Mark Robins is the latest in a long line of Sky Blue Supremos, the men who have tried to bring success to City. In this series first published in matchday programme PUSB, writer Rob Mason reflects on the highs and lows on those who have occupied the hot-seat.
In this edition, Rob Mason profiles Roland Nilsson...
A Sweden international who ended his career with well over 100 caps, Roland Nilsson didn’t come to Coventry to be a Sky Blue supremo, but to play. Well known in England due to a lengthy stint at Sheffield Wednesday, Nilsson was brought back to these shores by Gordon Strachan, who paid a reported £200,000 for his transfer in 1997. Roland had been doing very well back in his own country with Helsingborg and at 33 probably thought his days of playing abroad were over, not least because at the time of City’s approach he was making moves for a career after football as a Sales Manager for an insurance firm.
Nonetheless Roland showed his class at Coventry for Strachan, who had taken over from Ron Atkinson, the Swede having played for ‘Big Ron’ at Sheffield Wednesday. Atkinson had moved to the role of Director of Football at Highfield Road at the time of the transfer, after relinquishing managerial duties in November 1996 , but his influences on ins and outs is unclear.
Two years after once again going home to Sweden in 1999, Nilsson returned to Coventry - this time in a playing and coaching role which led to him becoming player-manager in 2001. Relegated from the Premier League in 2001, Strachan brought Nilsson in as player-coach. Having debuted first time around for the Sky Blues at Manchester United, Nilsson’s second stint with City began back in Greater Manchester, but the fact the game was at Stockport illustrated the club’s demotion.
Despite winning, it quickly became clear the season was not off to a good start when the next four league games brought just one point, one goal and one sacking as Strachan was dispensed with as City struggled.
A hero at Sheffield Wednesday, Roland could have picked a more hospitable place to kick off as caretaker manager than Bramall Lane, but a clean sheet combined with Laurent Delorge’s first goal for the club got newbie Nilsson off to a terrific start, as his trip to the red half of Sheffield saw City emerge with three points.
Four days later it was former Coventry defender Stuart Pearce who got the show on the road, scoring an own-goal for the first home goal under Nilsson as Kevin Keegan’s Manchester City were beaten in a thriller, David Thompson grabbing the winner to make it 4-3 with a minute to go. Tonight’s visitors Portsmouth were then beaten as the new manager bounce saw City start to gain in confidence and show the quality of a club playing at a higher rank just a few months earlier.
Four further wins and two draws made it 23 points from 27 when ex Sky Blue skipper Terry Yorath arrived at Highfield Road in caretaker-charge of Sheffield Wednesday. Travelling Wednesday-ites recognised the City manager’s qualities rather than their own as they sang, ‘Number one is Roland Nilsson’, carrying on right the way through to ‘Number 11 is Roland Nilsson’, naming the City boss for every number bar nine (They attributed that shirt to David Hirst).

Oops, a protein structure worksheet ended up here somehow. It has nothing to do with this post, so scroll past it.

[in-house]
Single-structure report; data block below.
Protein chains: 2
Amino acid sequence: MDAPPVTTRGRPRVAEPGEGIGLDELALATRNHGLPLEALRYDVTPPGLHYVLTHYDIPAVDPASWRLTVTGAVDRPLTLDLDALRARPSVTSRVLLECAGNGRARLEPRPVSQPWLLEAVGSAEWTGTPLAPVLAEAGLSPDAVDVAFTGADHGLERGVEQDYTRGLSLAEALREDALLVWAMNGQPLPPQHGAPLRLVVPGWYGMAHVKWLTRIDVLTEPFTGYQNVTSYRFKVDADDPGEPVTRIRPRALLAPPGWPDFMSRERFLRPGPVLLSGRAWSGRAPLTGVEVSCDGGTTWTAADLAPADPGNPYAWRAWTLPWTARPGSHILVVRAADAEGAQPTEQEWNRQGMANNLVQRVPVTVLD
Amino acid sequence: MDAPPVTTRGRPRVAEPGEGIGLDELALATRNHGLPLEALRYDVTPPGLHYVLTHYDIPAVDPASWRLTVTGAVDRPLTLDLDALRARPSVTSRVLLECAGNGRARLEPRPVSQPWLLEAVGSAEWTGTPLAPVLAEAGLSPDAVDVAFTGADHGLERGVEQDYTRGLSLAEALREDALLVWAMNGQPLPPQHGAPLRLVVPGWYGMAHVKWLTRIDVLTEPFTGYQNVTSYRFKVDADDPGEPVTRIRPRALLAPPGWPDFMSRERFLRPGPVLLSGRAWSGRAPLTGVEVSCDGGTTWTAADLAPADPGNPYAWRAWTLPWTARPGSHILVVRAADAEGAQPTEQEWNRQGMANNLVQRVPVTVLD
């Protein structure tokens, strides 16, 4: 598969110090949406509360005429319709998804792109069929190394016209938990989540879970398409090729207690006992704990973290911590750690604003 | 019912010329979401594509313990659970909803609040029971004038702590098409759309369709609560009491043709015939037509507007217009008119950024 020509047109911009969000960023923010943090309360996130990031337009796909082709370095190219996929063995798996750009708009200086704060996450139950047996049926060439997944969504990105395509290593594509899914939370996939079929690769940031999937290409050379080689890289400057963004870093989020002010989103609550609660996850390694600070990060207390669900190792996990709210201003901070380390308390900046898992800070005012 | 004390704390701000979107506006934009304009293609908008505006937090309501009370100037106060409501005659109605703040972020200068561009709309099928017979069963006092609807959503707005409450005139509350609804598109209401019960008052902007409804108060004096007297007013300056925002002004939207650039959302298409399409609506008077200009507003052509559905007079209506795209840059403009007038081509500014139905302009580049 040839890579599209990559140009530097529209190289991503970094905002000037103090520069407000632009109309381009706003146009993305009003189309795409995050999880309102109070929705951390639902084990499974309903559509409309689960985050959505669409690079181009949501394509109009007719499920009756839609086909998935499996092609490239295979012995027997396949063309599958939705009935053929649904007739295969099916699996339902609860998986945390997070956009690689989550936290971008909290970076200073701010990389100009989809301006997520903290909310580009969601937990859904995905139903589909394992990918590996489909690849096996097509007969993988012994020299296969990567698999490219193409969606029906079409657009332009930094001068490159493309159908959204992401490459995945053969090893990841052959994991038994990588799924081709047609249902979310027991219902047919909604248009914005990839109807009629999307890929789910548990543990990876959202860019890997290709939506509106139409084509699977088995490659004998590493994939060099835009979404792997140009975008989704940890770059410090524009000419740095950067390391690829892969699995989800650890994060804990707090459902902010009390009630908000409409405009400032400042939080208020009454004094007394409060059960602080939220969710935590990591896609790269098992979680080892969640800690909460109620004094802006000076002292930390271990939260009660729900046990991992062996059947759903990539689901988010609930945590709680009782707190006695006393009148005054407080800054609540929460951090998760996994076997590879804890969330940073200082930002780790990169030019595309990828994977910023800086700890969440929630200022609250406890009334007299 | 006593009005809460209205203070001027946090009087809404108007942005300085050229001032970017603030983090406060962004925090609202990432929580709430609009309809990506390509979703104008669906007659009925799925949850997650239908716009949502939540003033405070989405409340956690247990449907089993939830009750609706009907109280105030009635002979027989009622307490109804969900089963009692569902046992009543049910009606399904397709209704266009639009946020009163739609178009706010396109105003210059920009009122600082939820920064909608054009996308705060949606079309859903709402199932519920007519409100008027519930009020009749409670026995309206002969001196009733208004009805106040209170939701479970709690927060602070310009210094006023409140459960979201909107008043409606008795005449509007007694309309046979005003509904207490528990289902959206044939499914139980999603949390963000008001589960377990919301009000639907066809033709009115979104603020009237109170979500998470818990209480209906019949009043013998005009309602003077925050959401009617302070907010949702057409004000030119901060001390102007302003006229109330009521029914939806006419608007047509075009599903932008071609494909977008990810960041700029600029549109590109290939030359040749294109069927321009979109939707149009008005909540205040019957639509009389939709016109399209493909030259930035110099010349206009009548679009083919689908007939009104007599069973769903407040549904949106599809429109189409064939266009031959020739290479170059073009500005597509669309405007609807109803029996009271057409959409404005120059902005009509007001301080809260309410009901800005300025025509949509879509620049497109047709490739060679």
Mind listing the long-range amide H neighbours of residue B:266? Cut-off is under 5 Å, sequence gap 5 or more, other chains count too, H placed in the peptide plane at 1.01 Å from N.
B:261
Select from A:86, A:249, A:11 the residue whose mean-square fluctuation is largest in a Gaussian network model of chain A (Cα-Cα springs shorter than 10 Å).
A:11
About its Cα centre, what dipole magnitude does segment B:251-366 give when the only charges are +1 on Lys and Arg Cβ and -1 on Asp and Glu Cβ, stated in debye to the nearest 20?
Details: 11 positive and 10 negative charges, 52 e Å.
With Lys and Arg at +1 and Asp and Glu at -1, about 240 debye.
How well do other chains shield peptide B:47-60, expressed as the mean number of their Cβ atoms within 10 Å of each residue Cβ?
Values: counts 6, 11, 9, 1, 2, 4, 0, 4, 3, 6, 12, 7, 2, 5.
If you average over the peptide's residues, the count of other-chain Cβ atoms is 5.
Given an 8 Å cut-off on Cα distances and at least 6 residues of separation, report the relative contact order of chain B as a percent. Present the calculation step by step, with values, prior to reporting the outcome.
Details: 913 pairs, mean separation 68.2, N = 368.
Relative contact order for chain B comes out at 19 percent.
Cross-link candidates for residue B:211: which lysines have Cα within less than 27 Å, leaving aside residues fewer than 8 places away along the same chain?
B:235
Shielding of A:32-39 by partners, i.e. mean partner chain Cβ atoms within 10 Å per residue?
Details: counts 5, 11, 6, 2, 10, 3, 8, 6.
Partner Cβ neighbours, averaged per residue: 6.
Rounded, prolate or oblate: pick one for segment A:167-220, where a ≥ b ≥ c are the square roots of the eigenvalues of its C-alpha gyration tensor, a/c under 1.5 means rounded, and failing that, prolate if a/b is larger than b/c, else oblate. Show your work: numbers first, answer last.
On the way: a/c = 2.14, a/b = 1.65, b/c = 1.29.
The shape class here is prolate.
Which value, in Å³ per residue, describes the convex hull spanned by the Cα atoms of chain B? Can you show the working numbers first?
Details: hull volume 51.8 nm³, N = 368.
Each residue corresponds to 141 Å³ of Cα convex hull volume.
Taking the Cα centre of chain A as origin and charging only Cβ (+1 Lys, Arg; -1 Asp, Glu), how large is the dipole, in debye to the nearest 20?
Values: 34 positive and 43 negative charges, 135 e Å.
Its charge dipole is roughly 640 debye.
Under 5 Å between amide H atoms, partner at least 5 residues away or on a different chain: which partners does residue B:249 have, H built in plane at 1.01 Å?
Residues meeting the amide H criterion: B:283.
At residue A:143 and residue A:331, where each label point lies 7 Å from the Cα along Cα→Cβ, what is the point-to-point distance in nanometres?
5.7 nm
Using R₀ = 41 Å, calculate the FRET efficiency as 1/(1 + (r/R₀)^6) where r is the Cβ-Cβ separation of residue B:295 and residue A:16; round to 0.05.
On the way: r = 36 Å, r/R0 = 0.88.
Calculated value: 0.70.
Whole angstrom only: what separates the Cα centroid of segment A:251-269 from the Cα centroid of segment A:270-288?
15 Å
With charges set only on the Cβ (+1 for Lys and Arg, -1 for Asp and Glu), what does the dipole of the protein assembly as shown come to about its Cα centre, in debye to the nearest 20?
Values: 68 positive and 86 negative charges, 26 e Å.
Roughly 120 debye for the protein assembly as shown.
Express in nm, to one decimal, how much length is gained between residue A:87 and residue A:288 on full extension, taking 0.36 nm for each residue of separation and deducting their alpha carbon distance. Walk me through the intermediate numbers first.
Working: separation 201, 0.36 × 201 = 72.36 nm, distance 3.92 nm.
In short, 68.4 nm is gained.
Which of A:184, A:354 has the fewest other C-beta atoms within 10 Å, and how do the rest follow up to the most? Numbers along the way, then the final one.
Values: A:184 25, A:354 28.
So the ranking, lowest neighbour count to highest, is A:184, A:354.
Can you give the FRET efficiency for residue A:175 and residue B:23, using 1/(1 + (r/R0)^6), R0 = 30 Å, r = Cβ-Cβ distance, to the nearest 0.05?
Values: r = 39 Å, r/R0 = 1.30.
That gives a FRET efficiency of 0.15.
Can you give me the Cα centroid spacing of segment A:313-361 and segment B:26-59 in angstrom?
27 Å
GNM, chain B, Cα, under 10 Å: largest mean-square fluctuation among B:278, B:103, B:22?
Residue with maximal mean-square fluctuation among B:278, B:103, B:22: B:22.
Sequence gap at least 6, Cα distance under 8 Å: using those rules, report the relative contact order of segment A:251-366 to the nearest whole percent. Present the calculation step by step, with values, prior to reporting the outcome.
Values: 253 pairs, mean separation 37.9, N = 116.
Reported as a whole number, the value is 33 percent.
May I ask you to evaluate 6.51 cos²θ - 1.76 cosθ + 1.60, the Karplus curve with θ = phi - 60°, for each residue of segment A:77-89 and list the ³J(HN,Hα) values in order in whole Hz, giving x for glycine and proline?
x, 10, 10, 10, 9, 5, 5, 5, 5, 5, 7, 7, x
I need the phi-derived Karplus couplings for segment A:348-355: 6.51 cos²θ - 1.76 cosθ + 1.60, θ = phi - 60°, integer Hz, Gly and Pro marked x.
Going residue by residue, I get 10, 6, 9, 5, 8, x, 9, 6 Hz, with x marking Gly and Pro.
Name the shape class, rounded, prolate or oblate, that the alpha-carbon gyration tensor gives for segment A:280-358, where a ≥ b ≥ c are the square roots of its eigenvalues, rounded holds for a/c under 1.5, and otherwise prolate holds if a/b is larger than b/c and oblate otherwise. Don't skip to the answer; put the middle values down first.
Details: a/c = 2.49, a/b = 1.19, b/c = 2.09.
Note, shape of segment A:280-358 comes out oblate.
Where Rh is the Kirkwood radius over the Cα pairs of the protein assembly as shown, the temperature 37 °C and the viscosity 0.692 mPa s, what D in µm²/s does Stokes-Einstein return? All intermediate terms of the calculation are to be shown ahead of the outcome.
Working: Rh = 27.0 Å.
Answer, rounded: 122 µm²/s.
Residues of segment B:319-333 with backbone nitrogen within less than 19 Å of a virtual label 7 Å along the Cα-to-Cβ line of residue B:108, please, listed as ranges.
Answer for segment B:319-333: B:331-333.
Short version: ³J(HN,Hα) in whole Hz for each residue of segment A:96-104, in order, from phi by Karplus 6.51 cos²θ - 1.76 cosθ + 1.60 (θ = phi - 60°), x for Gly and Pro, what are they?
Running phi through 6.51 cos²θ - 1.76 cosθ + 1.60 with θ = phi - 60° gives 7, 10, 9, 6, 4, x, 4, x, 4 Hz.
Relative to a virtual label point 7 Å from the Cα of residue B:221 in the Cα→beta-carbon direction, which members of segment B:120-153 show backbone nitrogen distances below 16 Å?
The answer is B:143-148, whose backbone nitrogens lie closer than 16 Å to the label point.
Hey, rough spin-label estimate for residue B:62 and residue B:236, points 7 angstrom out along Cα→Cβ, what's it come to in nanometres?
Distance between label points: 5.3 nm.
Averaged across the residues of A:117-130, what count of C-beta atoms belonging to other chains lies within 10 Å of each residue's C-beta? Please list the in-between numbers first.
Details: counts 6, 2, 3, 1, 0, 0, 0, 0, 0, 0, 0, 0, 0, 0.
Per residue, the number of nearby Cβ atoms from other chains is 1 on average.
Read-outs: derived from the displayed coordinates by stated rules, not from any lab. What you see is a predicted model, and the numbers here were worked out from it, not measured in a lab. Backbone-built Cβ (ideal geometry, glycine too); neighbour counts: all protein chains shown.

A 25-yard free kick from Youssef Safri gave Coventry the lead just before half-time with Nilsson’s side doubling it just after the hour mark, Lee Hughes converting a penalty after Laurent Delorge had been fouled by Derrick Geary. 18th when Nilsson took over, victory took Coventry briefly to the top of the table. It was the week Strachan was installed as Southampton manager but by now Roland’s rescue saw him lose the caretaker tab, although the award of the Manager of the Month award he won for October can often be a harbinger of doom.
With Academy director Richard Money and European scout Ray Clarke installed as Nilsson’s back up team, Coventry carried on with hopes restored that an instant return to the top-flight could be achieved.
The excellent start had to end though and games against Preston would prove telling. Initially a 2-2 home draw with North End was a little disappointing due to the high standards that had been set, but the point took the unbeaten run under Roland to 11 games with City well amongst the promotion pack. The return with PNE would indicate the impending close of Roland’s reign.
A few days later things looked good as Coventry led with 10 minutes left at Millwall only to lose to a last-minute goal from Richard Sadlier. That signalled a run of six defeats from eight games as City slumped with Christmas approaching. Faced with the first bad run of his managerial career, an old head in 61-year-old ‘Bald eagle’ Jim Smith was brought in.
Mid-season inconsistency curtailed Coventry’s attempts to re-install themselves in the leading pack. Meanwhile, chairman Bryan Richardson departed at the end of January after suffering a vote of no confidence from fellow board members.
A run of four wins in a row, including a couple of big score-lines, rekindled hopes that Roland’s team had put their sticky patch behind them and were running into form as the business end of the season came into sight. Indeed, with seven games to go, City sat fourth after back to back home wins but a comeback from a half-time deficit against Norwich on March 9th proved to be Nilsson’s final victory.